“We had no notion about the traffic’s altitude, because the commercial planes’ radars are just meteorological, and different from fighters. They have many difficulties to spot another aircraft. They haven’t been made for such tasks. On his turn, the controller could not know the object’s altitude, due to, without transponder, everything he sees it’s the mere dimension on his radar, without a noticeable altitude.” “The object was near Santa Cruz (Note: Brazilian Air Force airbase near Rio) and our distance was about 90 miles. What I can say is that visually it was some 20° higher than we were. We attained our cruise altitude - 23,000 ft - and the controller kept in touch, informing us about the object’s distance: 60 miles, then 50 miles, always ahead.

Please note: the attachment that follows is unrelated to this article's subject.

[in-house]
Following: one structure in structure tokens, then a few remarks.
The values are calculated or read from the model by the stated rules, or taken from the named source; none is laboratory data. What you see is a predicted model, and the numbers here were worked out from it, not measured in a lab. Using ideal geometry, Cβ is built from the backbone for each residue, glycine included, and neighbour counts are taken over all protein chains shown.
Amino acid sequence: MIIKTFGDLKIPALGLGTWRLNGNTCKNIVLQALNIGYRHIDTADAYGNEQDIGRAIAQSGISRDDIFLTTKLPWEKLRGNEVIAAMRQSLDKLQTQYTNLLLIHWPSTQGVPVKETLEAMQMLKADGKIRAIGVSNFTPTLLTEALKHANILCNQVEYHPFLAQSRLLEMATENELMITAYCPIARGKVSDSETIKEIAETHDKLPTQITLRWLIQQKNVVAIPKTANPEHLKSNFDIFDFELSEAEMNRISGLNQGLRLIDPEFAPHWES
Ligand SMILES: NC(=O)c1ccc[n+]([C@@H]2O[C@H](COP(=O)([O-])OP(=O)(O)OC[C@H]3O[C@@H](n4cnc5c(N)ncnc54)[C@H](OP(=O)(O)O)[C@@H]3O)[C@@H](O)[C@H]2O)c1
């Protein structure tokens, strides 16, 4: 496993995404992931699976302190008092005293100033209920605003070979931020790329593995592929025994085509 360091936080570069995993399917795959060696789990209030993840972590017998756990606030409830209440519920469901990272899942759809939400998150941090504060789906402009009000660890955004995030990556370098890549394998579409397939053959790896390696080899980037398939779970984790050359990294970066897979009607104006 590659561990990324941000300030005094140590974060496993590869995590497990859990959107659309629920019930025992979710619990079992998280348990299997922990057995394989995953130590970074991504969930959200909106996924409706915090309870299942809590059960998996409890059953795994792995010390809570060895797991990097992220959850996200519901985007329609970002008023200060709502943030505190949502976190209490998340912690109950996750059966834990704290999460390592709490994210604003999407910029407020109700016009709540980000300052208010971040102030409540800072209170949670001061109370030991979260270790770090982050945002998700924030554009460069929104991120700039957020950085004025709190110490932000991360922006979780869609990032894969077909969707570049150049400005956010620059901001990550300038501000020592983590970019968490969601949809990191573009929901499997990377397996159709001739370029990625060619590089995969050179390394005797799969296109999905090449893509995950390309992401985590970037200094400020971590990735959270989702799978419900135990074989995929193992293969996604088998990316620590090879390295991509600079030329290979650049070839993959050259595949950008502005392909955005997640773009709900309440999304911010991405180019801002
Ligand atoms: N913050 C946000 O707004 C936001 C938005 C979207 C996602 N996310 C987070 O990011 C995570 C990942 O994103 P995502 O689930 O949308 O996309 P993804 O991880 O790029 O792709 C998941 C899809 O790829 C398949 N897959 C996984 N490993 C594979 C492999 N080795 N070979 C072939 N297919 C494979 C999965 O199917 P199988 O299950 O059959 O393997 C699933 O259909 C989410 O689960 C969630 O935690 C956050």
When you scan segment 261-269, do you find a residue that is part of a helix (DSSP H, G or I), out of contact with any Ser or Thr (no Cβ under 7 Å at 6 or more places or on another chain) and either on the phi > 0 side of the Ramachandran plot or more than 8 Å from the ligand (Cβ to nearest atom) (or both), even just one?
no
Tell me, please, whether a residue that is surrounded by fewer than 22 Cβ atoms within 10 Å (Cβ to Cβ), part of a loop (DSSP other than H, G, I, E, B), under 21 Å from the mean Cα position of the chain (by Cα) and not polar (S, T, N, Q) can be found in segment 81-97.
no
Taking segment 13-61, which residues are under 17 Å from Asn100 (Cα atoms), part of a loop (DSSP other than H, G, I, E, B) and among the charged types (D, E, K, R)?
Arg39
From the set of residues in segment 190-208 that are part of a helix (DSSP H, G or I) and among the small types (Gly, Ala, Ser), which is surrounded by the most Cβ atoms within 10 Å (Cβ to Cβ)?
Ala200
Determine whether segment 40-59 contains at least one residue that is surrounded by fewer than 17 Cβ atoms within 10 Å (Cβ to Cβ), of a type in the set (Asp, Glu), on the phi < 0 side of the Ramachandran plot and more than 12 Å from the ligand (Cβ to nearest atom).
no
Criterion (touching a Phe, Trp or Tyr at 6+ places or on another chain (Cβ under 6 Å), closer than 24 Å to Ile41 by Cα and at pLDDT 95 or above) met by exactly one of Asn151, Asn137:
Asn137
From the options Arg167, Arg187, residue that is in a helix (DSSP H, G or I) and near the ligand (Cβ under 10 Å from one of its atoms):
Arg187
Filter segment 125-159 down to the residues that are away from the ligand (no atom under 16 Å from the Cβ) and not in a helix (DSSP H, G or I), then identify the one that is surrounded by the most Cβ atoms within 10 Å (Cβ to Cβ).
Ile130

The Boeing crew dimmed the cockpit lights, lit the external beams looking for a visual contact: “There we were three crew members, in the dark cockpit of a cargo plane, searching the skies, eager to find an explanation about that, getting our 707 closer and closer. Suddenly I looked to Nivaldo and noticed his face’s expression, as wishing to show me something. He said that something had shifted, leaving a luminous path, but it could be a meteorite, something that was very common.” “Then the controller warned us that the target had shifted in a high speed to our right, attaining in a fraction of seconds an unbelievable speed of something above Mach 5. A human being could not bear such an acceleration. He would die during such a displacement.” The object, at this moment, disappeared to the right but came back to the plane’s stem, but at a minor distance.